The train ride down the coast from Nice to Marseille was scenic, but nothing like the bus ride to the Italian border. Miss those Corniche roads. We arrived in Avignon just in time for dinner, which was always a challenge here. The old walled city is a maze of helter-skelter, narrow cobblestone streets that never hold a straight line for very long. Maps list only some streets in a barely readable tiny font. We got to know Avignon pretty well as we wandered the streets looking for our trusty guidebooks’ recommended restaurants..

We were rewarded for this effort with our best meal of the trip so far at Fou de fafa, a small restaurant with limited seatings and a limited menu. They believe in doing a few things really well. Provencal cuisine at its finest.

Our fancy new hotel was only a couple of blocks from the train and bus stations. From here we day tripped to Arles, Nimes, and of course, Pont du Gard.

Arles was an important capital in Roman Gaul. After lunch in Arles, we stopped at a cafe and found to our surprise a personal museum to bull fighting. This area of southern France has a history of bull fighting held in their Roman arenas. We watched a live bull fight from Madrid, admired the mementos on the wall, and agreed we don’t much like this “sport” – we were rooting for the bull.

Arles is a town made famous by Van Gogh, who painted some of his most iconic works here. Although “Starry Night” gets all the publicity, I am more impressed by his “Starry Night Over the Rhone”. We made a small pilgrimage to the very spot where he made this painting – too bad there were no stars on a late spring afternoon.

Nimes is the reason for the aqueduct at Pont du Gard. A provincial capital, Nimes needed fresh water. We were impressed as we left the train station to see a lovely, wide pedestrian boulevard with running water flowing on either side, that leads to the center of a modern city that just happens to contain the best preserved Roman temple in Europe.

We headed there thinking it was the bull festival weekend. We were told it would be a wild weekend in the old town, which one of us was very much looking forward to. Alas, we were misinformed, it is next weekend. (Celia was relieved!)

Nimes is less a tourist destination than the other cities visited, even though it has wonderfully preserved Roman architecture and an architecturally superb Museum of Modern Art. Go for the art or have a drink on the rooftop lounge and observe the city below.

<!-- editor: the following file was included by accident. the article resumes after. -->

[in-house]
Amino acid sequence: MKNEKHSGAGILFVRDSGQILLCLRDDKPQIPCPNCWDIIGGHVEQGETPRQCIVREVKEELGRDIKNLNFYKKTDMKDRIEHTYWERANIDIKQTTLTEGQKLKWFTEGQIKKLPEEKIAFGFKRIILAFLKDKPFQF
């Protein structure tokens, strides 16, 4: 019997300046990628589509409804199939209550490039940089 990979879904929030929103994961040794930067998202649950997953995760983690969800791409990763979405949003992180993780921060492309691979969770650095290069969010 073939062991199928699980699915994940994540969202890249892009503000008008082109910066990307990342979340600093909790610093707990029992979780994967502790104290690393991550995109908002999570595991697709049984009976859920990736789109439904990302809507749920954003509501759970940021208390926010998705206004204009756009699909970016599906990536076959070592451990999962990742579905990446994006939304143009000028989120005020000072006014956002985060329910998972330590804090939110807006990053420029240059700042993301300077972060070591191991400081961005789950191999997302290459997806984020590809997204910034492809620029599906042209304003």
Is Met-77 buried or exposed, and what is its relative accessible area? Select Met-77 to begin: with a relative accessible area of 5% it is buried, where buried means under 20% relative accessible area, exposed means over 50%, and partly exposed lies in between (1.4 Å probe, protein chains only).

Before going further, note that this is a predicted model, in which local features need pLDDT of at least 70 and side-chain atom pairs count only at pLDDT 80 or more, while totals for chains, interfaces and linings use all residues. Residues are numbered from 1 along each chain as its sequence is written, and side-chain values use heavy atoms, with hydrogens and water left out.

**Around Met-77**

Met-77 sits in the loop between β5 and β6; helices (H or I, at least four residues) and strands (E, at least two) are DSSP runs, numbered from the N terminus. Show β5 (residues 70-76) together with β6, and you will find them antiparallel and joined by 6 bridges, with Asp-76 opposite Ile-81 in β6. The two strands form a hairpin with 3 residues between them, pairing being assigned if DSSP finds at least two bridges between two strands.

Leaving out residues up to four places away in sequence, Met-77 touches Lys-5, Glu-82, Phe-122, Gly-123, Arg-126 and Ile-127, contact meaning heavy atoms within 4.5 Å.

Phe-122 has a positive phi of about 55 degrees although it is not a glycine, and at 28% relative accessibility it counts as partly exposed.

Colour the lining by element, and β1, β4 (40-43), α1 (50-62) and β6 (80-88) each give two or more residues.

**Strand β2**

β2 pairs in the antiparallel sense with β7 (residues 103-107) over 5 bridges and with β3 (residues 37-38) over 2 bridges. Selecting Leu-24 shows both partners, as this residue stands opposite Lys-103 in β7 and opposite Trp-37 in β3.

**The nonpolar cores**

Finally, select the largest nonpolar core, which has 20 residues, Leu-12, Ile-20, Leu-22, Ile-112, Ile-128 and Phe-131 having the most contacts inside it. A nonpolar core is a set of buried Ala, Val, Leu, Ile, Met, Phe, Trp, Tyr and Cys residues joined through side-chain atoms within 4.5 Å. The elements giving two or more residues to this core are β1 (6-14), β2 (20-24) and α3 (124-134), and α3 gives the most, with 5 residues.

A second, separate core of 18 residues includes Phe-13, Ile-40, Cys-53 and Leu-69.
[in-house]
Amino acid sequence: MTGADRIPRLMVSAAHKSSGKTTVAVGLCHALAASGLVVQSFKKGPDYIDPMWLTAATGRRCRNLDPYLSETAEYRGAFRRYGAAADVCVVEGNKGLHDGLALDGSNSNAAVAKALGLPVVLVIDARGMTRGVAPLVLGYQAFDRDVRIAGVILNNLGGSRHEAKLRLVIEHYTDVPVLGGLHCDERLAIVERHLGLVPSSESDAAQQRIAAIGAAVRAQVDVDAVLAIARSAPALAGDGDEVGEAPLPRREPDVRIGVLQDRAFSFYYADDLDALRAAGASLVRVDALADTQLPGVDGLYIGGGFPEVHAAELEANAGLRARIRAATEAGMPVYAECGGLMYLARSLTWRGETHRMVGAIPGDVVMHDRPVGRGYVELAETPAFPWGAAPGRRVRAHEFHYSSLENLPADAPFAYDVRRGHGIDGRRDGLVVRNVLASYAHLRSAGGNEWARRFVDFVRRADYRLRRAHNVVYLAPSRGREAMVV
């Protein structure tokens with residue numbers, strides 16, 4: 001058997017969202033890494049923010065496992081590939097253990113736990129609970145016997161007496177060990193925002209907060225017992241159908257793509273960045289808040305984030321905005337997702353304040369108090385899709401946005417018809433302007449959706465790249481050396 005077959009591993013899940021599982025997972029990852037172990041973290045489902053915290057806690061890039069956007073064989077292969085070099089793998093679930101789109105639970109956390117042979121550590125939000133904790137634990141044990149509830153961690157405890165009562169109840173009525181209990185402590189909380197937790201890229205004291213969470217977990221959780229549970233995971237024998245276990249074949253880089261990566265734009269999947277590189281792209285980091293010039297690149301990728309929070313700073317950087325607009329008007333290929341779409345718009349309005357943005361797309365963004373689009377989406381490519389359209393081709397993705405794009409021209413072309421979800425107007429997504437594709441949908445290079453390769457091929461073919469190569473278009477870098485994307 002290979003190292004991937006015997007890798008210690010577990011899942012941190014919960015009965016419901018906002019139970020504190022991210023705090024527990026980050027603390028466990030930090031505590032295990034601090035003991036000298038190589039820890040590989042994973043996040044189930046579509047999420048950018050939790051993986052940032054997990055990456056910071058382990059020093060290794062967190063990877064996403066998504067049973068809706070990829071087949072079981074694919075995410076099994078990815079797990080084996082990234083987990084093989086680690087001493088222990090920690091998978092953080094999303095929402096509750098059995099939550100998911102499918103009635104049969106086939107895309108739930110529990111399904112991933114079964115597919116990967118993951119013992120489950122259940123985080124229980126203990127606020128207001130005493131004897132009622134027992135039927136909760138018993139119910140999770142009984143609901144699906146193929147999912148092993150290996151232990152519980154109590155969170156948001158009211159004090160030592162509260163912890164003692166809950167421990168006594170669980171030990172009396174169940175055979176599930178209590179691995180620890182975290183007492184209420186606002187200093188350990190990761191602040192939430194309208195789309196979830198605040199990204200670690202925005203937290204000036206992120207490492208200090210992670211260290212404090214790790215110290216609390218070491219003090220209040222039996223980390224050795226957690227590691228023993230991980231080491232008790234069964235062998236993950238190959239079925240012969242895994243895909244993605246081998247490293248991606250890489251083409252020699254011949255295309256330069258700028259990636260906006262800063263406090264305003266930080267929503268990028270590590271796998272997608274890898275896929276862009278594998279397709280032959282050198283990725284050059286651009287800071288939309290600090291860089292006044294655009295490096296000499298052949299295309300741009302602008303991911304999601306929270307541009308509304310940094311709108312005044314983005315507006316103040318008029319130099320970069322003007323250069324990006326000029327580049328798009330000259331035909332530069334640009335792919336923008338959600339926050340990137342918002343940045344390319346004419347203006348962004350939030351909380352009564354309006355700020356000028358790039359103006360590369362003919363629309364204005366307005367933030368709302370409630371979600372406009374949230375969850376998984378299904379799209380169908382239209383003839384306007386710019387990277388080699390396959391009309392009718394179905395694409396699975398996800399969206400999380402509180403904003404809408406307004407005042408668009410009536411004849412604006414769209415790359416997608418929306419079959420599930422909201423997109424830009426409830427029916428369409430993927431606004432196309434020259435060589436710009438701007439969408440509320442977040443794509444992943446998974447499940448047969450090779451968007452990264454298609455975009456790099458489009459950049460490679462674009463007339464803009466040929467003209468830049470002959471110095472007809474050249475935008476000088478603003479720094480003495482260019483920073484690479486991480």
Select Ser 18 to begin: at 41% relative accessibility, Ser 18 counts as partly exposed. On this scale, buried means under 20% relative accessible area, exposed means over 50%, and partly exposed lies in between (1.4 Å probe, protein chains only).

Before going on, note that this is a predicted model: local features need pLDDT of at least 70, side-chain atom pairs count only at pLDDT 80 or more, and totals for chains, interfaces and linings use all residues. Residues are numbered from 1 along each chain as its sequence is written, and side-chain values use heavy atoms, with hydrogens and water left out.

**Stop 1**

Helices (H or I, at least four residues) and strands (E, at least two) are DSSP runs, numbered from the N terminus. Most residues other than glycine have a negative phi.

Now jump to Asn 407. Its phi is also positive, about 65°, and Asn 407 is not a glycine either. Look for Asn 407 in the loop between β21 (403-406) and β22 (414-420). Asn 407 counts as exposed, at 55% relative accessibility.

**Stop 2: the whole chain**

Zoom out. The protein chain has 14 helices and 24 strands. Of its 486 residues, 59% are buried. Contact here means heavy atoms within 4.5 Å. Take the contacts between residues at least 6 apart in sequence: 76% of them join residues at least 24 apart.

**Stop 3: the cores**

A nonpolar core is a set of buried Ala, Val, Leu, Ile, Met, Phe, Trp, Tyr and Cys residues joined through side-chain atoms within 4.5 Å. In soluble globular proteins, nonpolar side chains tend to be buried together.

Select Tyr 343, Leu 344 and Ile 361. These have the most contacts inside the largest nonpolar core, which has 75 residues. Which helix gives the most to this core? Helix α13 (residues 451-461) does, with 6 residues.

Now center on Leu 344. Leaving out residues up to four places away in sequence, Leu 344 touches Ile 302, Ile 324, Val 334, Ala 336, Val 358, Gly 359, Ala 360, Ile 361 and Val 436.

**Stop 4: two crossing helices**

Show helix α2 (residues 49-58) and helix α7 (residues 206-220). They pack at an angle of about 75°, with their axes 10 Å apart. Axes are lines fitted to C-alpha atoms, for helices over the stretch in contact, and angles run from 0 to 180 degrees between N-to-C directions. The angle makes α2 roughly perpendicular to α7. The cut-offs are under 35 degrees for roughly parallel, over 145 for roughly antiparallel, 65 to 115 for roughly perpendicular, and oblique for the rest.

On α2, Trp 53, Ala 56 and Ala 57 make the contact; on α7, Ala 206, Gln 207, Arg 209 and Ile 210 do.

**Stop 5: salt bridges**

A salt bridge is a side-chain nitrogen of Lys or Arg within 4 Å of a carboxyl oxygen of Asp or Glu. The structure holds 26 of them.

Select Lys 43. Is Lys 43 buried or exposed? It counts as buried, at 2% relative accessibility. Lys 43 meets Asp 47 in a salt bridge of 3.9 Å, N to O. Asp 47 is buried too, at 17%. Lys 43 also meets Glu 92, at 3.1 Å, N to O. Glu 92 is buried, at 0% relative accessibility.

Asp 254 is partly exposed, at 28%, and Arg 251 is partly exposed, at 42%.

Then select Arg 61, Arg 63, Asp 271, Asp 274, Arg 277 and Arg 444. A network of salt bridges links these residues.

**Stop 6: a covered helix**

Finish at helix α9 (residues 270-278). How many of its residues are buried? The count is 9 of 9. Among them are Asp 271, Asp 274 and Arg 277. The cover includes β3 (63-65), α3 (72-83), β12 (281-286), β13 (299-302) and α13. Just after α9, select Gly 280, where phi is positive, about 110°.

Avignon brags it was the Pope’s town. Inside the walls, the Pope’s Palace was both a powerful fortress and palace. It was the seat of the Christian world in the 14th Century, where 9 popes succeeded one another. We were fortunate to see the new light show, Les Luminessences d’Avignon, projected on the walls of the palace at night. Very high tech and would have been impressive even back in the states.

Tomorrow we travel to Bordeaux, wine country.

Arles on the Rhone

Arles on the Rhone

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Arles

Arles

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Arles – le jeune filles, Jeanne

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imageArles – Theatre Antique, important surviving Roman Theatre, around 1C BC

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arena where the gladiators fought before 20,000. around 75 AD.

Arles  – arena where 20,000 watched the gladiators.  AD 75.

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Arles cafe

Arles cafe

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Nimes, grand boulevard in front of le Gare.

Nimes, grand boulevard in front of le Gare.

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Carre d'Art, architecturally notable Museum of Contemporary Art

Nimes – Carre d’Art, architecturally notable Museum of Contemporary Art

Maison Carree, best preserved Roman temple

Avignon, across from our hotel

Avignon, across from our hotel

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nice room,  glass wall changed to transparent with flick of switch.

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The Pope's Place, very impressive.Avignon, the Pope’s Place. very impressive.

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imageAvignon – carousel in Place de L’Horloge. the kids loved this.

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after the light show at the pope’s palace.

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